Cloud software company ServiceNow has announced a suite of dedicated applications to assist companies in their response to the coronavirus pandemic.
The apps have been released for free for customers through to the end of September. The first is an emergency response operations app developed in collaboration with the Washington State Department of Health, now available to all US government entities. The app involves the digitisation of processes to eliminate what was previously labour-intensive work improving the visibility of resource allocation for responding to the crisis.
The remaining three applications are geared towards the private sector, aiming at ensuring the continuation of normal business operations during the pandemic. The Emergency Outreach program allows employers to request responses to gain confirmation of employee location and safety. Emergency Self Report consists of a workflow enabling employees to inform employers about the status of their self-quarantining measures.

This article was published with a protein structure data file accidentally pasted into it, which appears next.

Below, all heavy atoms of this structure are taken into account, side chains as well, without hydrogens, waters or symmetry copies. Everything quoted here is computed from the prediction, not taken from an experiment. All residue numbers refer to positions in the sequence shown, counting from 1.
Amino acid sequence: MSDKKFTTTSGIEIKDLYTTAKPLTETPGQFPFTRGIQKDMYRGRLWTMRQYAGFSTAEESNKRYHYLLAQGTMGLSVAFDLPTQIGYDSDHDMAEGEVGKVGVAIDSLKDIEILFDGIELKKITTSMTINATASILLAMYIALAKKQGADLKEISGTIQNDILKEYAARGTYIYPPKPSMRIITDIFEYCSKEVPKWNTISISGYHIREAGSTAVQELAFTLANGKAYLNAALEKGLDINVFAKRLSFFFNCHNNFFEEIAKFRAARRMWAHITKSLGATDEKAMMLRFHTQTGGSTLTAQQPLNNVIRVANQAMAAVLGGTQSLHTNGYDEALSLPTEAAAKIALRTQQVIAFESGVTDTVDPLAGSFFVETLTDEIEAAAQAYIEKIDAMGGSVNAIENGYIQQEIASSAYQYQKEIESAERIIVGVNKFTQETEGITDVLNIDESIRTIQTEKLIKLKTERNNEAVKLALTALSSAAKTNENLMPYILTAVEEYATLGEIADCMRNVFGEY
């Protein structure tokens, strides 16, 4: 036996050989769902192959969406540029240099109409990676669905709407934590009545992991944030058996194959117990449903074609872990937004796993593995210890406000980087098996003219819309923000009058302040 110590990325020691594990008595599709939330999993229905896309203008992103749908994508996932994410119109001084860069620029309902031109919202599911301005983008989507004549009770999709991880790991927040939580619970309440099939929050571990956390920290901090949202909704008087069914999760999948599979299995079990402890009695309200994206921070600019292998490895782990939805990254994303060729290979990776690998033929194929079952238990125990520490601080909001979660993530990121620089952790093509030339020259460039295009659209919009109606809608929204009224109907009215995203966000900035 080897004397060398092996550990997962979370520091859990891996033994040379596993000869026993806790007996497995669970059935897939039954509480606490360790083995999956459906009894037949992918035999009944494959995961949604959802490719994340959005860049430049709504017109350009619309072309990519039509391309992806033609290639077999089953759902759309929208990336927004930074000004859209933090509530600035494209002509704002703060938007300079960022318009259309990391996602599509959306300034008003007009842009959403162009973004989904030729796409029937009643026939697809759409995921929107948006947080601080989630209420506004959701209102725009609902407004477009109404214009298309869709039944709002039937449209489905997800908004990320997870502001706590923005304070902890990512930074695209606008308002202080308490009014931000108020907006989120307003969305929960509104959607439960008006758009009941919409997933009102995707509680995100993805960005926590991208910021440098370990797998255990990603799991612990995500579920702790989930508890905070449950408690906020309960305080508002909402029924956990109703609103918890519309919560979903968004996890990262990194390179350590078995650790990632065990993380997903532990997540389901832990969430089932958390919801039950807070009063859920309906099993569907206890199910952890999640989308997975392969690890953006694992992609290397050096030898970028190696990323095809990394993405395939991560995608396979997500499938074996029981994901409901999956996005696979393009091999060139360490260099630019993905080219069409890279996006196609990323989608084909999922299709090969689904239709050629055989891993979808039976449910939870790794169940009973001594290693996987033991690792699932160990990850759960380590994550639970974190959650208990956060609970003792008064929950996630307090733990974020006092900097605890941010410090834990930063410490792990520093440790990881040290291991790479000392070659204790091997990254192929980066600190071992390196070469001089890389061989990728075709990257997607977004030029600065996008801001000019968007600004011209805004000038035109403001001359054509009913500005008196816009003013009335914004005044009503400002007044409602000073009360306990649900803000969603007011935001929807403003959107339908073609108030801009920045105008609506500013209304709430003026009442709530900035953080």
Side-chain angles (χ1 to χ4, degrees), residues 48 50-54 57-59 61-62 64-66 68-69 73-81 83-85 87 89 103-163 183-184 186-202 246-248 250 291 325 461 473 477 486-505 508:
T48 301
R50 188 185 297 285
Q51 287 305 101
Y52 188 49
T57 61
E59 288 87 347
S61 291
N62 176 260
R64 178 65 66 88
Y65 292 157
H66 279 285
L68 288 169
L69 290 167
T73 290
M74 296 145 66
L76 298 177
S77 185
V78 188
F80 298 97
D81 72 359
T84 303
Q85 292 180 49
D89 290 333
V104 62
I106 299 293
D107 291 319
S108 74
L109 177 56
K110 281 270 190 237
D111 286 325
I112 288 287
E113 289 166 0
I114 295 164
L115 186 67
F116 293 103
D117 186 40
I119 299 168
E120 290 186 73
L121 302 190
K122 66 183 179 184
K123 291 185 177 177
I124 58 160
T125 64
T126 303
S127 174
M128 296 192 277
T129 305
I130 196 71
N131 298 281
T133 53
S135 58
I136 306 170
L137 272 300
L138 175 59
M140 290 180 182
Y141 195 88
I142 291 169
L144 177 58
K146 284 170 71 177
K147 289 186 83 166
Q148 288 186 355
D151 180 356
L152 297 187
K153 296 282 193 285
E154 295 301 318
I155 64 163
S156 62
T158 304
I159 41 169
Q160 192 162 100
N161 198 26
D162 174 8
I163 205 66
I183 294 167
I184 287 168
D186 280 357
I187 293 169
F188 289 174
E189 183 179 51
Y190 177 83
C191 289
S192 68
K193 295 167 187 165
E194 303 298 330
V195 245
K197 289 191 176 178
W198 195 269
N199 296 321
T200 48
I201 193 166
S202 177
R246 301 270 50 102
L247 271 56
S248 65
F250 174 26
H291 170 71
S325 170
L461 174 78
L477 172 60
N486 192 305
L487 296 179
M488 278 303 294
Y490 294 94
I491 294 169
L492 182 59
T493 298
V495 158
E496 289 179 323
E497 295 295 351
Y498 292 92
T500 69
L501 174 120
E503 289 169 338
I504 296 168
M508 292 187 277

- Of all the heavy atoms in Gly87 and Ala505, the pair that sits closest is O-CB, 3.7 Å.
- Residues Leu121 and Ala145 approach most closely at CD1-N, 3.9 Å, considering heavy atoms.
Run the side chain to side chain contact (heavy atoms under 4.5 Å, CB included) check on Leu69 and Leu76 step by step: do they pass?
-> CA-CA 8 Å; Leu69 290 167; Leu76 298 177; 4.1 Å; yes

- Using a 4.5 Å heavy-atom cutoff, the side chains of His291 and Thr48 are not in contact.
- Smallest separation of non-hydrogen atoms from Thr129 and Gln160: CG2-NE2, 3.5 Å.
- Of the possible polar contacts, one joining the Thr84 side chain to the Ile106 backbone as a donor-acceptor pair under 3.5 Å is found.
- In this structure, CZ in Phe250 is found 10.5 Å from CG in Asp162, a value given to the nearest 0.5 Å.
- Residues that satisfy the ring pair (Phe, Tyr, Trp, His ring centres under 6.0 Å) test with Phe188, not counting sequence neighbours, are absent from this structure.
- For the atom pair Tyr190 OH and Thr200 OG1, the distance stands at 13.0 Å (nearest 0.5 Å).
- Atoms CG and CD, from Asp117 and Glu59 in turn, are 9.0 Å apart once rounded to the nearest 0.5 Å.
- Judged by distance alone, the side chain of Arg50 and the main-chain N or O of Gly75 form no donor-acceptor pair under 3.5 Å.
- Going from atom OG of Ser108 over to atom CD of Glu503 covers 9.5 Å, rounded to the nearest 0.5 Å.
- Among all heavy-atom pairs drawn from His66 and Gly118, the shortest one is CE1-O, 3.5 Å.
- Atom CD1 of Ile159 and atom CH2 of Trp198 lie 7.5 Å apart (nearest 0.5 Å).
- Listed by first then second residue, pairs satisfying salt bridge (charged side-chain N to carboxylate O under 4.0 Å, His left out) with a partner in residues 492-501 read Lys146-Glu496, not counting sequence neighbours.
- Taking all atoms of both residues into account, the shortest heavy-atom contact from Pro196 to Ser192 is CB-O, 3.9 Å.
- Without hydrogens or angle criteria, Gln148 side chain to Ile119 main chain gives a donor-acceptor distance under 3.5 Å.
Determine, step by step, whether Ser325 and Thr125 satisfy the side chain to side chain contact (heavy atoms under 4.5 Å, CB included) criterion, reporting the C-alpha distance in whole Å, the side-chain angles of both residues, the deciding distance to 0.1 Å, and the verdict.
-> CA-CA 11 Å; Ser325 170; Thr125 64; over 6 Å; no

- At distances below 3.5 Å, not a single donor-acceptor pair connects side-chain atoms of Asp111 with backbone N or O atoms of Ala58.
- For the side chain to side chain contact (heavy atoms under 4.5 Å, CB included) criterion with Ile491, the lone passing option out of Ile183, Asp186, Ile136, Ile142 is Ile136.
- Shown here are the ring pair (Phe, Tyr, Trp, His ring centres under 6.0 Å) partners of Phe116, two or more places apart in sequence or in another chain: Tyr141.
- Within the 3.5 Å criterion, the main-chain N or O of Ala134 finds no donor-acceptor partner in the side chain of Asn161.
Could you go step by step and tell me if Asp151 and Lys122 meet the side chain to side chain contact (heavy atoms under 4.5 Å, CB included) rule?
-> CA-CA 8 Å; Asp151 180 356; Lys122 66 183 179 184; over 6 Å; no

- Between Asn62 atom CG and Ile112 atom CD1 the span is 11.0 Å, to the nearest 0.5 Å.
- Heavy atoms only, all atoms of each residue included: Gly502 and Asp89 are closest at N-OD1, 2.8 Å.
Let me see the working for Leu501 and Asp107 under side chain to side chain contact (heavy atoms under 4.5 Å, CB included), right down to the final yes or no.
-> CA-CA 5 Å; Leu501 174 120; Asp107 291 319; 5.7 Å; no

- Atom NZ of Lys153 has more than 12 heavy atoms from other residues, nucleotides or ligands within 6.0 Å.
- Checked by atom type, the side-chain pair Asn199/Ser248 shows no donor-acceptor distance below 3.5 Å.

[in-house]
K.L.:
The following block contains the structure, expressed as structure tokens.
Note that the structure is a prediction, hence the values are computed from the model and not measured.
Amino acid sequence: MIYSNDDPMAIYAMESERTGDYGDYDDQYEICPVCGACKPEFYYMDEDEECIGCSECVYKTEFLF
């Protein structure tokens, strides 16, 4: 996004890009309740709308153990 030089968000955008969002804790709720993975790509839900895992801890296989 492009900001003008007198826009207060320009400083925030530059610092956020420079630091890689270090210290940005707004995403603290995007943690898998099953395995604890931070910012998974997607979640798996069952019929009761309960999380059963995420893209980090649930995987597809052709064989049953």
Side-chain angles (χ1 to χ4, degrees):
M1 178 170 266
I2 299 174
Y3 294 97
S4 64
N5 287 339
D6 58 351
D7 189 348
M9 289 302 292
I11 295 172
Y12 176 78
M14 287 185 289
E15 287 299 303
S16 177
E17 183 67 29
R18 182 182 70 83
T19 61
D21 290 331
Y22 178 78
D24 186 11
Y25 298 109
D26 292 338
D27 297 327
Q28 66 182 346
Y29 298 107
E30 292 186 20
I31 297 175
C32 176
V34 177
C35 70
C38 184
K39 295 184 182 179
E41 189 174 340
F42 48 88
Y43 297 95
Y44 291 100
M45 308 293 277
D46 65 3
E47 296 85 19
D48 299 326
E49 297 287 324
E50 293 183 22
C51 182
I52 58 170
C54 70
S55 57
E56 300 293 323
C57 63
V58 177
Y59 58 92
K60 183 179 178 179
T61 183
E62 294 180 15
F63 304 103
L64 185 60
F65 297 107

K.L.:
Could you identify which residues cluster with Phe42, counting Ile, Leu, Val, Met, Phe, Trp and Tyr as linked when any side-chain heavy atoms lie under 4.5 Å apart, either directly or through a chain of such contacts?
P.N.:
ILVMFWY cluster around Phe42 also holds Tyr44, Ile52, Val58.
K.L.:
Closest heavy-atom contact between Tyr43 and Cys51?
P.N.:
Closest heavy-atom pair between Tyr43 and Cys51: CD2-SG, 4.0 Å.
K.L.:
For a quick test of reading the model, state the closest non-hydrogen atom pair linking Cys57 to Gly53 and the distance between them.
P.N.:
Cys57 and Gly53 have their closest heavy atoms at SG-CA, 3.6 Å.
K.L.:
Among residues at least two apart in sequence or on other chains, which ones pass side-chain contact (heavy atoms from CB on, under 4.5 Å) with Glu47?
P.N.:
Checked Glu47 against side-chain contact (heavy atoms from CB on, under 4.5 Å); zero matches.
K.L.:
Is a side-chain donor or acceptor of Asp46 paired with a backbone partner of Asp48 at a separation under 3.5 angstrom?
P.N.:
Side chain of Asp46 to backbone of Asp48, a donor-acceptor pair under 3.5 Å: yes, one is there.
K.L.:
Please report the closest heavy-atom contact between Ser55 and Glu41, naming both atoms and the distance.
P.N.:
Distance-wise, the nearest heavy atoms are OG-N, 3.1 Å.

Emergency Exposure Management, meanwhile, is perhaps the most crucial of the three. In the event of an employee being diagnosed with the illness, companies can identify those who have potentially come into contact with them by examining the employee’s history of meetings and work locations.
“In this battle to flatten the COVID‑19 curve, none of us is as smart as all of us,” said Bill McDermott, president and CEO of ServiceNow. “These ServiceNow applications will enable emergency outreach, self‑reporting and exposure management, which are precisely what organizations need to do right now to help people get through this crisis.”
Operating on a software-as-a-service (SaaS) model, ServiceNow emphasises its ability to improve workflows within an organisation via its role providing all forms of technical support and managing IT operations. Customers include the likes of Allianz, Siemens and RBS.
Last year, the company received a new CEO in the form of Bill McDermott, previously of German enterprise software titan SAP. McDermott replaced John Donahoe, who moved to sportswear manufacturer Nike, the pedigree of both companies reflecting ServiceNow’s increasingly prominent standing.